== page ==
Scottish Power to Build UK’s Largest Battery to Boost Wind Energy Supply

Scottish Power will begin building the largest battery in the UK on its Whitelee wind farm, after the Scottish government approved the plans.

The project is designed to unlock the full potential of renewable wind energy and to provide a continuous supply of electricity from the site. The industrial-sized battery, which is reported to be half the size of a football pitch, will store the power that’s generated by the 215 wind turbines at the Whitelee site near Glasgow, the largest wind farm in the UK.

The energy supplier has said that the new battery will support the National Grid by providing a reliable supply of electricity even when the wind isn’t blowing. The battery would have more than twice the capacity of any current battery in the UK and could be fully charged in under an hour.

“Batteries will take renewable energy to the next level,” said Keith Anderson, chief executive of Scottish Power. “It is a nice, neat solution to help use more and more renewable power in the UK, because that’s what we need to be doing to reach a net zero-carbon economy. Over a period of time, we will get to use much more wind output from the project, and across the whole of the country, because even at times of low demand we will be able to capture far more of the wind rather than wasting that potential energy.”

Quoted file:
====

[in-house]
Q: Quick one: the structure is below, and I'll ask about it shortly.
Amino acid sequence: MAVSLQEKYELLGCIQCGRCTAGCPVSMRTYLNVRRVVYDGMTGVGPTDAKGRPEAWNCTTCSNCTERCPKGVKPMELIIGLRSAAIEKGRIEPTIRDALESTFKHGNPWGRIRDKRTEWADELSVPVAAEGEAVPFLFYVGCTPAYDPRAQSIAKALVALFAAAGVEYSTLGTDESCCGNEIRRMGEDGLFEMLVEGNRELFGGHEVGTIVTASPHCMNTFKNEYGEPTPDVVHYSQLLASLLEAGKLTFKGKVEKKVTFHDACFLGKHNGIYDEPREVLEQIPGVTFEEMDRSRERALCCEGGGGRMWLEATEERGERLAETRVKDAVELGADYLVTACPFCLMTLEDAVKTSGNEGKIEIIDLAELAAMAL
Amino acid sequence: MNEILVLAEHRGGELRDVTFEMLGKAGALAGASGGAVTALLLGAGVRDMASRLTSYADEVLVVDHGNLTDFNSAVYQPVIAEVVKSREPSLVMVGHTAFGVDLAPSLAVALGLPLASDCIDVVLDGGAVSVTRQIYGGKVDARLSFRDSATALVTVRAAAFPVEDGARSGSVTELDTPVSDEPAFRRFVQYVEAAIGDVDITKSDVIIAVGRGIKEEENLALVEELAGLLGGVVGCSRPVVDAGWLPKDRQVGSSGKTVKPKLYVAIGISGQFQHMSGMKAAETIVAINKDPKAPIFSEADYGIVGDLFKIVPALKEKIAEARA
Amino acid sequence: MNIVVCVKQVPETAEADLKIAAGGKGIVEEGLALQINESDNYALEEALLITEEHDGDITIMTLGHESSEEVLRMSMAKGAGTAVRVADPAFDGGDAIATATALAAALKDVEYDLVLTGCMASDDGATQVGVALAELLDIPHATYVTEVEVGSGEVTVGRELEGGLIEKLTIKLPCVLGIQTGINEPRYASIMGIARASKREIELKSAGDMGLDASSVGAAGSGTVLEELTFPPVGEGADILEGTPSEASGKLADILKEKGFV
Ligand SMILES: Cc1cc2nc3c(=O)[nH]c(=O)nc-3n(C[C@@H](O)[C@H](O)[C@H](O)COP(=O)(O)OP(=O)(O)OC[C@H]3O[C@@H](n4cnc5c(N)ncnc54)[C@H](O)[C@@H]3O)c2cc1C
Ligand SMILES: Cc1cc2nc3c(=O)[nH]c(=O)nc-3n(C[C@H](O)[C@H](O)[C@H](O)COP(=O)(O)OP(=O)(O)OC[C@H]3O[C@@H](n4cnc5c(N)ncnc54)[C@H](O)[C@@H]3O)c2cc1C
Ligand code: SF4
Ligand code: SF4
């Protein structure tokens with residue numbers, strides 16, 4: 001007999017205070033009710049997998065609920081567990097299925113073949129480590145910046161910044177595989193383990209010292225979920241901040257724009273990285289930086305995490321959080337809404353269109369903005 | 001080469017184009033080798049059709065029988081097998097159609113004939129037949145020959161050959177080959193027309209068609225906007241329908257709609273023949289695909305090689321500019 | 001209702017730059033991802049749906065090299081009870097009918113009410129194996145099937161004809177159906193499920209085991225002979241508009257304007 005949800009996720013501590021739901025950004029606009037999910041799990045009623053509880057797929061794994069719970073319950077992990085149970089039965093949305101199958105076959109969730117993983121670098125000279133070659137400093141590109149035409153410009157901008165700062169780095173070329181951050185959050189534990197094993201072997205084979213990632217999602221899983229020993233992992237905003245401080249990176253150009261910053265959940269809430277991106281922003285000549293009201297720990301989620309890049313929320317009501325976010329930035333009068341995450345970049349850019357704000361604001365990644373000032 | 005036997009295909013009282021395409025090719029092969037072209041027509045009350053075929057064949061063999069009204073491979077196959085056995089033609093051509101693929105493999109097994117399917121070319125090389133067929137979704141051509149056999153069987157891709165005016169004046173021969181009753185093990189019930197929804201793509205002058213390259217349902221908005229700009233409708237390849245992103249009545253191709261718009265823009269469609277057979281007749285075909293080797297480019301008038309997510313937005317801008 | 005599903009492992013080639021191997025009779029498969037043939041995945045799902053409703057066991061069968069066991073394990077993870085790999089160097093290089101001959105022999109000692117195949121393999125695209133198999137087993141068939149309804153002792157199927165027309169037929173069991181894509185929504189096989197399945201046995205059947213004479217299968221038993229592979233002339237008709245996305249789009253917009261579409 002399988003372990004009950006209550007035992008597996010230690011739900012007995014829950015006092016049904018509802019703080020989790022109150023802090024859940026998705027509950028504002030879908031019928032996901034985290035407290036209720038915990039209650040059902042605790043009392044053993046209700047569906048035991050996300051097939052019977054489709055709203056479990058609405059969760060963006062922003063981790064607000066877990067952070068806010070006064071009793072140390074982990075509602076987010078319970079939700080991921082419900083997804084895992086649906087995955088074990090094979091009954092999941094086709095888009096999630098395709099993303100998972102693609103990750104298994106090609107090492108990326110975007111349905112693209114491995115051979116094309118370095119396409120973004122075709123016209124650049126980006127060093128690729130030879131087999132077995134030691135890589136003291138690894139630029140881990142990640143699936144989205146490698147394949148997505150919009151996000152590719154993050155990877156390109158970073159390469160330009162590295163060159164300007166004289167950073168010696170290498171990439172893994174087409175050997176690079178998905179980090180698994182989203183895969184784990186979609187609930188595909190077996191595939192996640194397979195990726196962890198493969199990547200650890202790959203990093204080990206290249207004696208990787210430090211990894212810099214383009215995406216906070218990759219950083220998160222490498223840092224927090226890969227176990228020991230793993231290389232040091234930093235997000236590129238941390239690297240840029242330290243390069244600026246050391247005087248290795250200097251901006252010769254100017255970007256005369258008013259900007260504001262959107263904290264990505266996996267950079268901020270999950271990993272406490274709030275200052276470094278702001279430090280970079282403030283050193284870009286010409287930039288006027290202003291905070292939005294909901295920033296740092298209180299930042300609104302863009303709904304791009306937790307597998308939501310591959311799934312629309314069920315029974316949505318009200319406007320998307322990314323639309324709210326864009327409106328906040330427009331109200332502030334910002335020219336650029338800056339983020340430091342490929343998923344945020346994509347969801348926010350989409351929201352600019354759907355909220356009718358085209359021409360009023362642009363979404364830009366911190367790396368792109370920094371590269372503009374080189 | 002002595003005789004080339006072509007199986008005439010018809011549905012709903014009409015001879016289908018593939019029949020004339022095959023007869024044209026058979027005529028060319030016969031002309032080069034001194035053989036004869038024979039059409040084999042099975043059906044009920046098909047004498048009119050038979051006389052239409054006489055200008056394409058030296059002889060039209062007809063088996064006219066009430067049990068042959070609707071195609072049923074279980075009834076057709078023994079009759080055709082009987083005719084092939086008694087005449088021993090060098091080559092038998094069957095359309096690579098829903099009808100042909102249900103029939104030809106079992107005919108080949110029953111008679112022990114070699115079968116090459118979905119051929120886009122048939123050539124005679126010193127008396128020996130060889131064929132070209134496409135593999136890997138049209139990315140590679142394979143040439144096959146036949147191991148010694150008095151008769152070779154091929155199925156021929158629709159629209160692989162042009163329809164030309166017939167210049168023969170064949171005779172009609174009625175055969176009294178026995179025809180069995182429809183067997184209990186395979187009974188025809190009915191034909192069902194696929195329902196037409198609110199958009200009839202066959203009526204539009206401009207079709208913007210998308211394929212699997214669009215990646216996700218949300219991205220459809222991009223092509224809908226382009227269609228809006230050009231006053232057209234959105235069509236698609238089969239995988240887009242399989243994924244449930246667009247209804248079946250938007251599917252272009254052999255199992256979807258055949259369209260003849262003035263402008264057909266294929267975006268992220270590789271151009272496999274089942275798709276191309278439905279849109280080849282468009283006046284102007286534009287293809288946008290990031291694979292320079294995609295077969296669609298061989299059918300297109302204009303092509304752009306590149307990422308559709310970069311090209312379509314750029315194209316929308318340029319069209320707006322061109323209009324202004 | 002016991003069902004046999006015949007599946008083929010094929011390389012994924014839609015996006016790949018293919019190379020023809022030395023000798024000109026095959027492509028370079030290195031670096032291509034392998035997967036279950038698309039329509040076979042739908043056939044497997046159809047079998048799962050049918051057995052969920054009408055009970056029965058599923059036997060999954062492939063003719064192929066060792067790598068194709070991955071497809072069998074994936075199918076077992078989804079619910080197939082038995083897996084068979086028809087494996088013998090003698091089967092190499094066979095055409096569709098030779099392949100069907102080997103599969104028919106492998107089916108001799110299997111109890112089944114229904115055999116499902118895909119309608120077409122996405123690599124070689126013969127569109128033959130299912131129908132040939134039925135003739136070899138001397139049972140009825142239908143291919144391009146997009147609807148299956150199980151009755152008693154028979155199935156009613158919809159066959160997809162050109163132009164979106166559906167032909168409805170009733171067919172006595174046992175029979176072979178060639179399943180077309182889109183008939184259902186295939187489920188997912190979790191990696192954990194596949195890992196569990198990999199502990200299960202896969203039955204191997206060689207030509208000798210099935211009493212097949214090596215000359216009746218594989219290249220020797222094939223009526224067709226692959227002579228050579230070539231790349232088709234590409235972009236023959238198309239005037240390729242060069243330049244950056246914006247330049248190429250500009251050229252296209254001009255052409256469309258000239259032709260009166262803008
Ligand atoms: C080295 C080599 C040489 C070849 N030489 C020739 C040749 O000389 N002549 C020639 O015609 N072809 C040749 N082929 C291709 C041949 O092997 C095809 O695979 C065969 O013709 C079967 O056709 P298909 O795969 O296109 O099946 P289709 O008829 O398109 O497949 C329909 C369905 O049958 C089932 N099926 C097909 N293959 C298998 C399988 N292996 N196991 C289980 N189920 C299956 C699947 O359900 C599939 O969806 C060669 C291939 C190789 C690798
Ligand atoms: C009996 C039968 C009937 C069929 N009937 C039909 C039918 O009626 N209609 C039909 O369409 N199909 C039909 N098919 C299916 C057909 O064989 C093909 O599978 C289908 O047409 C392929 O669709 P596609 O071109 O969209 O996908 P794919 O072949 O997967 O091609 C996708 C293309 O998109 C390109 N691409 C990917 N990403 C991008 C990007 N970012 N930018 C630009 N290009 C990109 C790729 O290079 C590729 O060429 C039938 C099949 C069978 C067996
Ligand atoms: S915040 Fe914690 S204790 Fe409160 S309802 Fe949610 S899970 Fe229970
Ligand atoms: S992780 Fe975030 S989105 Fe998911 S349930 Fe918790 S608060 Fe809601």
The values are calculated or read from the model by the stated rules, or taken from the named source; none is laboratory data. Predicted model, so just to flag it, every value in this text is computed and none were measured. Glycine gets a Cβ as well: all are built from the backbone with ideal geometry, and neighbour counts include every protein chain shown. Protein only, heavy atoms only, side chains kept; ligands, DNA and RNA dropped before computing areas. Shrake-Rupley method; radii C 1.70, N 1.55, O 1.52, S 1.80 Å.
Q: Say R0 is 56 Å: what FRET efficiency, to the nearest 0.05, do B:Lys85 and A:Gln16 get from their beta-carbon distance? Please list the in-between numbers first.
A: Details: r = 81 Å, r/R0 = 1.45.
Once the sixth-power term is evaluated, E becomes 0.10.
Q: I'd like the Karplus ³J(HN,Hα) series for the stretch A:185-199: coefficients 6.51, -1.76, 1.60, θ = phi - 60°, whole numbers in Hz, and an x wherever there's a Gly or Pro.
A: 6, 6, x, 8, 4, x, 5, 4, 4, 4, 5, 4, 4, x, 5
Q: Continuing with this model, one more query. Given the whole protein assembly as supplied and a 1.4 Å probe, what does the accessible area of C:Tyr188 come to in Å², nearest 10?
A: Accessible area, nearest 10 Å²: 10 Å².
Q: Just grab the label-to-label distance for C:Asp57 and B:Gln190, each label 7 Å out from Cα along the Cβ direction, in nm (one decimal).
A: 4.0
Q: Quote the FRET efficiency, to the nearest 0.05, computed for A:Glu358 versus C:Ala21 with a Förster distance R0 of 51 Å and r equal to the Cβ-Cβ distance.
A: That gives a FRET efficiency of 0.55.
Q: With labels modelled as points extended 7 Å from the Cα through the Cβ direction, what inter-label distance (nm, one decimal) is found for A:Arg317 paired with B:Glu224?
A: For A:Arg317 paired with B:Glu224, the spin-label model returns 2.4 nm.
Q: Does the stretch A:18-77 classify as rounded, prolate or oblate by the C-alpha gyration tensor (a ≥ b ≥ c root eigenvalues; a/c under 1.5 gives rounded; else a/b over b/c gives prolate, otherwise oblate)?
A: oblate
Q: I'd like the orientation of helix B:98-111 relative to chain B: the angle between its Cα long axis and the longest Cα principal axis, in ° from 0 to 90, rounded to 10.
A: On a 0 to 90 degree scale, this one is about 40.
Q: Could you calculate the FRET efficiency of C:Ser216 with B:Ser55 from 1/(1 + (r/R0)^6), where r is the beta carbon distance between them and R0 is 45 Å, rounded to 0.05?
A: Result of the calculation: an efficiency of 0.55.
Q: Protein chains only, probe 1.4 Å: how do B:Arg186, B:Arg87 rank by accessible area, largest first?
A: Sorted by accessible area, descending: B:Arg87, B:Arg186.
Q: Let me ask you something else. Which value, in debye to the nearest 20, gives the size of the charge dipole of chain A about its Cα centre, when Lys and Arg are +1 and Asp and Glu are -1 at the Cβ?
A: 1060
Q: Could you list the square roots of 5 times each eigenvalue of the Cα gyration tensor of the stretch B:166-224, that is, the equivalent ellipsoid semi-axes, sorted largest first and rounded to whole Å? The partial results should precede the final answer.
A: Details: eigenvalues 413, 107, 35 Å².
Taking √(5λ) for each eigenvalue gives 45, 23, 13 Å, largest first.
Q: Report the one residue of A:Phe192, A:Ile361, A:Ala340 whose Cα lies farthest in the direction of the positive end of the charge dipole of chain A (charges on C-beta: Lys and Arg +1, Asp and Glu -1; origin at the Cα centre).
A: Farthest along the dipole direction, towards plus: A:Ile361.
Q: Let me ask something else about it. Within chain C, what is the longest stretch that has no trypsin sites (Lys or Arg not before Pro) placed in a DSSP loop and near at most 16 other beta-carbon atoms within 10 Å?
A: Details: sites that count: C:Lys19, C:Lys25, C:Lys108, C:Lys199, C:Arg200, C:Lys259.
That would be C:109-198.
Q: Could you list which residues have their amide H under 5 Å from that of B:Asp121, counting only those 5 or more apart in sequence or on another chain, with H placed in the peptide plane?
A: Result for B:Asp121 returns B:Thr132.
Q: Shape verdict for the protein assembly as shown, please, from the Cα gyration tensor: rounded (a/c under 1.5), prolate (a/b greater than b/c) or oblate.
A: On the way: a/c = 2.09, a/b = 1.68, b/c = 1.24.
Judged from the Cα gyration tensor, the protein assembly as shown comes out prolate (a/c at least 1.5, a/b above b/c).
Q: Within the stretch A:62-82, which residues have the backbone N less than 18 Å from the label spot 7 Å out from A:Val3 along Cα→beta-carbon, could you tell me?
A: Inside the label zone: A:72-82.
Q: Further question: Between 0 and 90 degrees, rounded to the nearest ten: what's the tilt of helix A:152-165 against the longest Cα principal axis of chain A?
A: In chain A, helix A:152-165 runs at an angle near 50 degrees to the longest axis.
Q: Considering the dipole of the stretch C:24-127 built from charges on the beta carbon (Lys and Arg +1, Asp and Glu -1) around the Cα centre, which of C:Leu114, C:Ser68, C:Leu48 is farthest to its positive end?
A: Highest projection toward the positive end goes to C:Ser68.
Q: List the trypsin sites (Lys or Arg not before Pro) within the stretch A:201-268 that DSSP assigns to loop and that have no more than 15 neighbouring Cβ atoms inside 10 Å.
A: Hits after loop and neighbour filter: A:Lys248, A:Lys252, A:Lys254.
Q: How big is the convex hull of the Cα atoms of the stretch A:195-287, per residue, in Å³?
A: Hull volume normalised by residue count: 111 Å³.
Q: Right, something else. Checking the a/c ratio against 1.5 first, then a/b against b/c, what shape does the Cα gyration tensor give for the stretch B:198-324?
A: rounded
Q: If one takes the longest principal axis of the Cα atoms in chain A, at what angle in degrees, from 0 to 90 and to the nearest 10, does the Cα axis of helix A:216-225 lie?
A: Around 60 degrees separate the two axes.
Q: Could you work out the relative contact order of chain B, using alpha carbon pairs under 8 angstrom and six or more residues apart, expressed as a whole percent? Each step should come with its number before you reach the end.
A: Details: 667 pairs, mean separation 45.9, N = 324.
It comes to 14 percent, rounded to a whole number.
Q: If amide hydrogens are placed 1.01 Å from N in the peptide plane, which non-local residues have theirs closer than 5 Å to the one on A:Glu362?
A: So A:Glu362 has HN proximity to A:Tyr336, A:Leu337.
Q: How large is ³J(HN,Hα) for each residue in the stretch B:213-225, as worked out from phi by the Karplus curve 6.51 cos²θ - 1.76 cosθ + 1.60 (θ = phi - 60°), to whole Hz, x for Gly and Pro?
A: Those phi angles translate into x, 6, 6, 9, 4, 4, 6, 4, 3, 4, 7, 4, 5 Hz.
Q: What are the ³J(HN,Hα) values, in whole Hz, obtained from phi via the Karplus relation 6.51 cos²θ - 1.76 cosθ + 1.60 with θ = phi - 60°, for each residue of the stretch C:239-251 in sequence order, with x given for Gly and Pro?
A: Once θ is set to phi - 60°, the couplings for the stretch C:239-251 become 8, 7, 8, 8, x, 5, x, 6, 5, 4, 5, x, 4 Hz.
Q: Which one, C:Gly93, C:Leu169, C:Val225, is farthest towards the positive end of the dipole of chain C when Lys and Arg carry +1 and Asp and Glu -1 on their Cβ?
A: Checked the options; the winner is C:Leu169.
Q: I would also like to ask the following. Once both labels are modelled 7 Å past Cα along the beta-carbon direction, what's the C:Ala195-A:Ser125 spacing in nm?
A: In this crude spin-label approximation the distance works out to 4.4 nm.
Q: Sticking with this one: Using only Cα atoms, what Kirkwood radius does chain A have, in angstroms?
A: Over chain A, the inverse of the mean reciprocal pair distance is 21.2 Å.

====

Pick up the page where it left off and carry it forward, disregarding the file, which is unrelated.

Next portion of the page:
Last year, Scottish Power said it was committed to generating all of its energy from wind power, becoming the first of the Big Six energy suppliers to supply 100% renewable energy. And the energy firm believes that the production of their ‘super battery’ will help the UK to become a global leader in the production of green energy. Work to install the battery will begin early next year, and it is expected to be fully operational by the end of 2020.

“This is a significant step forward in the road to baseload for renewable energy,” said Mr Anderson. “We know that renewable energy generation needs to quadruple and we know that onshore wind is the cheapest form of green energy.

“By integrating storage technologies with onshore wind, we are blowing away one of the myths about renewable generation not being available when you need it. Natural resources like wind and solar are variable in their very nature and by using a battery we can ensure we optimise our ability to use the resource most effectively. This is another step forward by Scottish Power in investing in clean, green and flexible generation to fully displace historic fossil fuel generation.

“If we are to meet the bold target of net-zero by 2050 and deliver the decarbonisation of our economy, transport and heating systems, large battery storage facilities such as this along with more wind farms like Whitelee are crucial.”

Fergus Cole
Written by Fergus Cole

Fergus is a journalist specialising in the personal finance, energy and broadband sectors. He also has a passion for travel and adventure so tries to make the most of this in any spare time he gets.

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